The forthcoming elections for the next mayor of London will throw the black and Asian communities from the margins of electoral politics into a tornado of an intensity such as we have never experienced before.
The reason is quite simple. How we vote will decide who wins. For the purposes of the election, there are two Londons – inner London and outer London. Ken Livingstone sits comfortably atop the electoral perch in the former, while votes in the latter will be split three ways: between Livingstone, Boris Johnson (Conservative) and Brian Paddick (Liberal Democrat).
Note that I have omitted to describe Livingstone as Labour because he has long transcended that narrow political definition. Much, if not all, of his support from black and Asian people stems from his singular contribution to the anti-racist movement and much else. The battle is already joined to dislodge this mass support for Ken Livingstone, even though the election date is some four months away.
Leading the charge is the London Evening Standard, which I long ago renamed the Kensington and Chelsea Post. This paper is published by and for the upper classes, who resent that we in the immigrant communities hold the power to decide how they are governed. It is the old class struggle dressed up in new clothing.
I have been reading the Standard for more than 45 years, ever since I arrived in this country. I was once a columnist in those pages before being dumped unceremoniously by that arch-right-wing critic – the then editor of the paper, Max Hastings. Any reader of the Evening Standard is guided to believe, from the articles within its pages, that blacks and Asians in London are by and large either crazy Muslims or violent West Indians who undermine the high civilisation of white people.
What little subtlety there was left has been thrown overboard in the past few weeks. The paper launched the new year with a systematic campaign against Livingstone. I have never before, during all my time in the capital city, witnessed such a vicious and sustained campaign against a politician.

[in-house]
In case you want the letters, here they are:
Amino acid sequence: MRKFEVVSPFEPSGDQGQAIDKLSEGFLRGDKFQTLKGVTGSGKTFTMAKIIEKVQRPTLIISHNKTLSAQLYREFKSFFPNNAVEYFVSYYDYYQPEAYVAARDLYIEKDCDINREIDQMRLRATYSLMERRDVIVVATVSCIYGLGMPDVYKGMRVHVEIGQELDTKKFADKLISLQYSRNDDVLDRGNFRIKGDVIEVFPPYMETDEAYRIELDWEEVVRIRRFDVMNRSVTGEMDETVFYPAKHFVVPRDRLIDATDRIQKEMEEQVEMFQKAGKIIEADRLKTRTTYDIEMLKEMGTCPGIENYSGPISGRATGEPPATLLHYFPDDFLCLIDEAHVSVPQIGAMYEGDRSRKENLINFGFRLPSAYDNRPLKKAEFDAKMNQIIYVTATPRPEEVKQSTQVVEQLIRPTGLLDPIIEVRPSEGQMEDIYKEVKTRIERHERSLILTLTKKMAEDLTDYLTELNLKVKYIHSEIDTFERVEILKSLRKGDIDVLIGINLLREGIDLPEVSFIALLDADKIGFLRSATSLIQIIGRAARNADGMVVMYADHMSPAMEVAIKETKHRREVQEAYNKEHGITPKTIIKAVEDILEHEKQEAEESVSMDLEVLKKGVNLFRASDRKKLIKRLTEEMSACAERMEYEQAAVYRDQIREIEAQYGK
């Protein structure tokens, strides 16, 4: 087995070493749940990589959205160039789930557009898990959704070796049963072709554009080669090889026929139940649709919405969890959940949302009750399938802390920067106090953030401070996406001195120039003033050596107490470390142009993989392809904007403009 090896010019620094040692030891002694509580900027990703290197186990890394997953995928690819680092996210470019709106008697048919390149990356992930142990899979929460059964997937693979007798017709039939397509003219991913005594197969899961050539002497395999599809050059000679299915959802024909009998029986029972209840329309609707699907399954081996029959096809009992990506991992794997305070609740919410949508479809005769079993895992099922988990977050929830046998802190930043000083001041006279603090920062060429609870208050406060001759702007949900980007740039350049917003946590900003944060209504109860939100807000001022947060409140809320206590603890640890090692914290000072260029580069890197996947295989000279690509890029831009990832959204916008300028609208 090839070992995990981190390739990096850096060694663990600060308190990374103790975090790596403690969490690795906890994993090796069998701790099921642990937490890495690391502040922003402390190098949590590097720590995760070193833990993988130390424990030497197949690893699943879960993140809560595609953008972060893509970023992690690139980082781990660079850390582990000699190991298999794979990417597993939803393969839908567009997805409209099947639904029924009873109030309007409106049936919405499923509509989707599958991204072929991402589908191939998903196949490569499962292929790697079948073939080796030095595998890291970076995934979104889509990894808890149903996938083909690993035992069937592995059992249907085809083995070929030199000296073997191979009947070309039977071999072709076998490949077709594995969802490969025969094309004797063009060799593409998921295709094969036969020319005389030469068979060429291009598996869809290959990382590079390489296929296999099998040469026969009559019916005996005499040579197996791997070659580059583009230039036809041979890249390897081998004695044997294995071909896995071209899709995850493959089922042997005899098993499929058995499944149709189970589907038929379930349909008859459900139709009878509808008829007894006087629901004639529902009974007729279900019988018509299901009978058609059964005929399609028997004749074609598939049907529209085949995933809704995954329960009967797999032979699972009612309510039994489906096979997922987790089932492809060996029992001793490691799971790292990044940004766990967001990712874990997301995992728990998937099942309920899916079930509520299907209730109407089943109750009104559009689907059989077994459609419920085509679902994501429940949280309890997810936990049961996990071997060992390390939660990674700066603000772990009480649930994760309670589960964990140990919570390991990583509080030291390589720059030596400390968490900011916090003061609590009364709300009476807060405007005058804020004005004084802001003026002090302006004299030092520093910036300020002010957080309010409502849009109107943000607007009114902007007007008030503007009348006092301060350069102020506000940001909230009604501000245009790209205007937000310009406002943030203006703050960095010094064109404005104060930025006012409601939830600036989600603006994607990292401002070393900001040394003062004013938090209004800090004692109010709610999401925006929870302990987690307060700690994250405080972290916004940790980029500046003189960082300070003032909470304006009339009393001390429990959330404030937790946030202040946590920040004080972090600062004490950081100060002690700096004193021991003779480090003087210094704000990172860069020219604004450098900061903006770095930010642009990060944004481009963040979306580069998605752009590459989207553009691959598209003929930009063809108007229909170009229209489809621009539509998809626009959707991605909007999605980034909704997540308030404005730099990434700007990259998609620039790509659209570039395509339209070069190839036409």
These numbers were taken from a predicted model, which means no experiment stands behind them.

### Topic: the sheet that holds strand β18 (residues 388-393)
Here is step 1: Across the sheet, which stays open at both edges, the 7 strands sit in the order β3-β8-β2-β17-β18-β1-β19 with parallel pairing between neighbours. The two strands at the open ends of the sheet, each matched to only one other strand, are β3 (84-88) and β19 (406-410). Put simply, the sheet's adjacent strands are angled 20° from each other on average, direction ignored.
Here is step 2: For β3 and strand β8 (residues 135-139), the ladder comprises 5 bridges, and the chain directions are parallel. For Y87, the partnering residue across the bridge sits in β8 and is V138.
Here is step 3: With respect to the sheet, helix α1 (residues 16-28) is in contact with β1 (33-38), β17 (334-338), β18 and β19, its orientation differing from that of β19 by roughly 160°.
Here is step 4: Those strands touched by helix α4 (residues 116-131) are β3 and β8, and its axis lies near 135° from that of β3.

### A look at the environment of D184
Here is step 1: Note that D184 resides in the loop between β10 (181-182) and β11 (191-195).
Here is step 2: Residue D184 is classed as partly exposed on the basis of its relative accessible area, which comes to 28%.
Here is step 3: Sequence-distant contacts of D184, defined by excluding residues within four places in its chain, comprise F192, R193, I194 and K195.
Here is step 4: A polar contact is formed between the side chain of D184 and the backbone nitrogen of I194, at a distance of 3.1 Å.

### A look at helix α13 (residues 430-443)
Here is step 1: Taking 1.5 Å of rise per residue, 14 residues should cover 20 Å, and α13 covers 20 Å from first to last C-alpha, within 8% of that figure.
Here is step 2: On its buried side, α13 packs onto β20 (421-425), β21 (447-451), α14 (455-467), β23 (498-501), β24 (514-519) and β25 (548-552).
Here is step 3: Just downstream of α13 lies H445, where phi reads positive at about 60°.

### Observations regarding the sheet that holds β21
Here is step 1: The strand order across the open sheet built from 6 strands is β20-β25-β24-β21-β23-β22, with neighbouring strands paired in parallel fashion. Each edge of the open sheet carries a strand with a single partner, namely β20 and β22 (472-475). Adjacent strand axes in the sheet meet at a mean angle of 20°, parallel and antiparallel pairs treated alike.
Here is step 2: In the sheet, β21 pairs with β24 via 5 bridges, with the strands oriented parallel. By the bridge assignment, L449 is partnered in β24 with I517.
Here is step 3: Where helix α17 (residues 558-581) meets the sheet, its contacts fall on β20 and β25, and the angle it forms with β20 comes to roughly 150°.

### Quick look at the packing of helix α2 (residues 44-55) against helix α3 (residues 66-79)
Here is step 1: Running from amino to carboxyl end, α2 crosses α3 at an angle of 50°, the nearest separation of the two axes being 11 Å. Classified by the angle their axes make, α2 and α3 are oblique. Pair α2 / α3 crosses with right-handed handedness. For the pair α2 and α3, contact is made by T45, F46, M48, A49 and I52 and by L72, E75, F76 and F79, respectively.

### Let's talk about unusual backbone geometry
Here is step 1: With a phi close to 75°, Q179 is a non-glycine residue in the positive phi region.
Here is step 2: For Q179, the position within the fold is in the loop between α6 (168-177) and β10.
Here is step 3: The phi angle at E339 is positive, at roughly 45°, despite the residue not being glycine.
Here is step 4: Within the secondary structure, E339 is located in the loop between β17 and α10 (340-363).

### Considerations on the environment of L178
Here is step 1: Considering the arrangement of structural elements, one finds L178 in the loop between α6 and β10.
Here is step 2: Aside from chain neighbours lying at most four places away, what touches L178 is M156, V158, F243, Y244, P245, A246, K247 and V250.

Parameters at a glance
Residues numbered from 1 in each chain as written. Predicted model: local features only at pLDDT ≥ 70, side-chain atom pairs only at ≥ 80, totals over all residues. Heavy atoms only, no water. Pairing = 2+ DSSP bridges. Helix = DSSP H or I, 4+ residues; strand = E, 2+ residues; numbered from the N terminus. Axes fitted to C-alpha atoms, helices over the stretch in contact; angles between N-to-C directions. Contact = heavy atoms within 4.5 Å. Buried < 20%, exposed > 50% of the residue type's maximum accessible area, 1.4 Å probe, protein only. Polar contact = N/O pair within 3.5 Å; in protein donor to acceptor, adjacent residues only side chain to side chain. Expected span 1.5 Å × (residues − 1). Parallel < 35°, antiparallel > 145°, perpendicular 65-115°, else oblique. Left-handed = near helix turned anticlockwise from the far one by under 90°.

We know not what the next few months will bring, but we can be certain that this campaign will be one of the nastiest ever recorded in this country’s history. The very first volley aims to convince us that the mayor is guilty of vile corruption. Article upon article tells us that a handful of blacks, no more than a half-dozen or so, misappropriated “at least £3.3m” from the London Development Agency’s budget, which amounts to £300m. And that all of this group are friends of Ken Livingstone’s political adviser on race and policing, Lee Jasper. These matters are now with the police and the district auditor.
I have been correctly quoted in the Guardian newspaper on this issue: “I hold no brief for Lee Jasper. If [he] passed me on the street and said hello, I would not speak to him.” And I held this attitude long, long before there was ever a mayor for London.
Nor am I a follower of Livingstone, or any other politician or party. BBC Radio broadcast a documentary I made about 18 months ago, entitled Make Me Vote!. My position on the subject was qualified by the fact that I would only ever cast a vote for an individual. Ken is one of them; Diane Abbott and Keith Vaz are the others. Nothing the Evening Standard says will shift me from my view.
I remember those dark days of Thatcher’s rule, when members of our community hurled themselves against the barricades in a huge demand for equality. Ken stood firmly on our side. He continues to hold fast to this position.
And there is another reason why I will vote for Ken. I travel across London mainly by bus, train and the Tube. It costs me nothing. I wave my Freedom Pass with a certain panache. With this one stroke of policy, Ken has enhanced the dignity and mobility of London’s pensioners.